My first thought though, is that your case itself is probably getting starved for adequate ventilation.
you may want to grab a monitoring tool like HWinfo and monitor your voltages. Some motherboards push too much voltage, and thus create higher than normal temperatures. As far as your AIO, if it's pulling heat off your cpu correctly, one hose should be very warm and the other should be hardly be warm at all. That would let you know it's working correctly and the radiator is shedding heat.
I can't see anything that wrong, front mesh, 2 intakes.
I would skip the bottom intake fan, it could be creating some turbulence on the intakes. specially with the radiator there.
I would put the AIO radiator at the top with push instead of pull.
Put the intakes at 800-1200 rpm range.
Put the exhaust on the rear at 600-800rpm range just to extract a bit of heat and put the radiator fans at 800-1000rpm to push out the fresh air from the 2 intakes.
Put the AIO pump at 50 or 75%
If you want to keep the bottom one, I would lower it to sub600 just to feed some air to the GPU, but I would skip it, unless your GPU is not so great at cooling.
Undervolt the CPU with offset voltage -0.1v
Undervolt the GPU as well
Don't forget to check if the system is stable.
Check your AIO pump noise while at it, try to open the side panels to hear it.
Do you have static pressure fans on the AIO? In case you changed them.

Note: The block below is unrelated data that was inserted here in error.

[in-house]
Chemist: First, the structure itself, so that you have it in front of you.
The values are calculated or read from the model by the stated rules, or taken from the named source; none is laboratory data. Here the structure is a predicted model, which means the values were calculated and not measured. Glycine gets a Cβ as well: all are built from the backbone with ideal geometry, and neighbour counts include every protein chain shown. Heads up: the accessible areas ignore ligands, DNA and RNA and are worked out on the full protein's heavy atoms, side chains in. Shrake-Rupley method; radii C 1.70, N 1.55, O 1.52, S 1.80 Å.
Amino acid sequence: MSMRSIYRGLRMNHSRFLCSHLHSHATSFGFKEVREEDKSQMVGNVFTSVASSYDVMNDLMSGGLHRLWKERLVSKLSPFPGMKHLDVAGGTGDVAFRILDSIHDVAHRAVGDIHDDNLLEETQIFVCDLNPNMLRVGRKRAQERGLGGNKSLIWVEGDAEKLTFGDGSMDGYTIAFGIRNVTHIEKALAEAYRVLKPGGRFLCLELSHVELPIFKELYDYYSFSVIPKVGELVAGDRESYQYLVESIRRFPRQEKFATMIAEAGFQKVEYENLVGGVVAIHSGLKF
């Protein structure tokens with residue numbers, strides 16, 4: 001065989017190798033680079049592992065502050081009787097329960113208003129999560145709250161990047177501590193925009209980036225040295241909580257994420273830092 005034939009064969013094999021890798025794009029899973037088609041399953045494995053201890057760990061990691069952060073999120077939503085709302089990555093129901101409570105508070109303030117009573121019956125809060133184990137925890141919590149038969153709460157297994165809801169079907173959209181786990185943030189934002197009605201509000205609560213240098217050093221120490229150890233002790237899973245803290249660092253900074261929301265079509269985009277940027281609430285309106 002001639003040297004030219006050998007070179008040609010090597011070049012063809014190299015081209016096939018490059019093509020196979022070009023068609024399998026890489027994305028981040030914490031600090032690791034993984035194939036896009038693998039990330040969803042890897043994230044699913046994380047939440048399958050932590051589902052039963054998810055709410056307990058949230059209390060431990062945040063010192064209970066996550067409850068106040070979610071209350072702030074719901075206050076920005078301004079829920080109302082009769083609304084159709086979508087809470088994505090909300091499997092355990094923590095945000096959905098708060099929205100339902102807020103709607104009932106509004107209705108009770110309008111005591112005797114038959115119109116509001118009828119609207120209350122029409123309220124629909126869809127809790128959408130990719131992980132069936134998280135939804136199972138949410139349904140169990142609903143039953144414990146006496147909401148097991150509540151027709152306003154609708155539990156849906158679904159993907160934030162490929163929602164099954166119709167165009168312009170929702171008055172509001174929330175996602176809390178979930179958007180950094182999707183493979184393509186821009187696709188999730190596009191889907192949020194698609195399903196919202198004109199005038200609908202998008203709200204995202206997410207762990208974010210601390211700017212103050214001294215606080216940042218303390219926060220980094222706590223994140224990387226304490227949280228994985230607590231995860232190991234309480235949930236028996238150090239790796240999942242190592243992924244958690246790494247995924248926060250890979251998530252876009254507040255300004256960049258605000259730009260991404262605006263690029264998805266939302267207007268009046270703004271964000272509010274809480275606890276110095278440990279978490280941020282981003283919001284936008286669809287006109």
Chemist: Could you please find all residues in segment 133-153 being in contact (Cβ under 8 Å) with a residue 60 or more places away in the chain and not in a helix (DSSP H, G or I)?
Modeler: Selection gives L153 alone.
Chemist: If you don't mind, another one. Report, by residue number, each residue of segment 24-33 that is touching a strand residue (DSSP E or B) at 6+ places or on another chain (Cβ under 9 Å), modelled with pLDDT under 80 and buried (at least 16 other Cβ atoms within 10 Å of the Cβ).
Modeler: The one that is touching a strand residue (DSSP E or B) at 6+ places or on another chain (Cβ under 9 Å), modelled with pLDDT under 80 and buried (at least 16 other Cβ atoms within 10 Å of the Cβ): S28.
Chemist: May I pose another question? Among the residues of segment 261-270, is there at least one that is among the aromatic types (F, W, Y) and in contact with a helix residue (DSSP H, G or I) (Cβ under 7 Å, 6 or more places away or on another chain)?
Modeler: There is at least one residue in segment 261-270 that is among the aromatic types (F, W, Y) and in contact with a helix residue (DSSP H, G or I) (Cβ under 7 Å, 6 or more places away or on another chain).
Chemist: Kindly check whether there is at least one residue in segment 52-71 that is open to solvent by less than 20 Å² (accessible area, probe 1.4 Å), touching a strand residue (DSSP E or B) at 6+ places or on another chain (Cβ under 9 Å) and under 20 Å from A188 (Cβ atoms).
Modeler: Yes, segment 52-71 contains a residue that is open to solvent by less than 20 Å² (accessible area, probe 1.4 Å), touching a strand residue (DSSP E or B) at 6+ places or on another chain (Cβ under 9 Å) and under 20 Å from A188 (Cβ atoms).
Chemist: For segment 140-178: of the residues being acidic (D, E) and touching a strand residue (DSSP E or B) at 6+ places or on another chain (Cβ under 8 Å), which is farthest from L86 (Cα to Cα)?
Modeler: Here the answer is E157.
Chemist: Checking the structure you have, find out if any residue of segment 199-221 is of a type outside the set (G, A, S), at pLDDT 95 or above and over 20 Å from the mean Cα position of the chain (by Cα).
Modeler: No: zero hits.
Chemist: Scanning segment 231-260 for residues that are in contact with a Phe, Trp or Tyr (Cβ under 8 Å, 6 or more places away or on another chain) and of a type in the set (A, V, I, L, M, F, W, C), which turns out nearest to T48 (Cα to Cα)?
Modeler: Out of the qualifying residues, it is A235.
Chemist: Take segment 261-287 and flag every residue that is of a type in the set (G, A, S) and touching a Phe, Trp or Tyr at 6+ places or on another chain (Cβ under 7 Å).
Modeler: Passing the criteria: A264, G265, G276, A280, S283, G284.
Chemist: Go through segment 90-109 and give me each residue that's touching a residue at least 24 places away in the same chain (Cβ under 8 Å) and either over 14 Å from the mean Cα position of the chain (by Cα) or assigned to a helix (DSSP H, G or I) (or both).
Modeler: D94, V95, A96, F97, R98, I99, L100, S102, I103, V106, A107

Make sure if you don't have any setting inside BIOS to push things higher on the CPU side, RoG do have those profiles, but not by default.
If your are comfortable, re paste.
I have a 2700 and it runs 50C at idle and I have watched it level out at 70 under stress testing. I am using a water cooler that is so generic I couldn't tell you if it has a name or not and it only has 2 fans instead of the 3 I see on really big builds. The prism worked just fine but I am planning to use a 5950x when I can buy one so my water cooler is overkill for the Rysen 7 2700X processor but I digress.
It may be the thermal paste on the CPU. It's easy to put too much and the thermal conductivity between the processor and cooler can be insulated if that is the case. I bite the bullet and use my finger to spread it around as evenly as I can. Sure, its messy but it does a perfect job every time. The scrapers and other things are great and all but the sensitivity to me is better when using my plain old mark 1 finger and it ensures I don't put too much.
I tried CryoFuze and that seems to work well. I don't like pushing a product but that really seems to work well. It doesn't absorb moisture, so it won't swell causing the insulation affect, it hasn't solidified yet, it is non-corrosive and doesn't oxidize metals like some I have found when working on old server processors.
The CPU on one server I took apart had etching on the surface so bad the part numbers were completely gone and I couldn't sell the processor.
If you are overclocking I'm in territory I can't help you with. Blow out the fins of your cooler and see if there is a lot of dust. Mine was preassembled and has a radiator like a car so likely you have the same and it may be contaminated with dust.
If there is nothing wrong with the CPU, Power supply, Cooler then likely bad interface between CPU and cooler.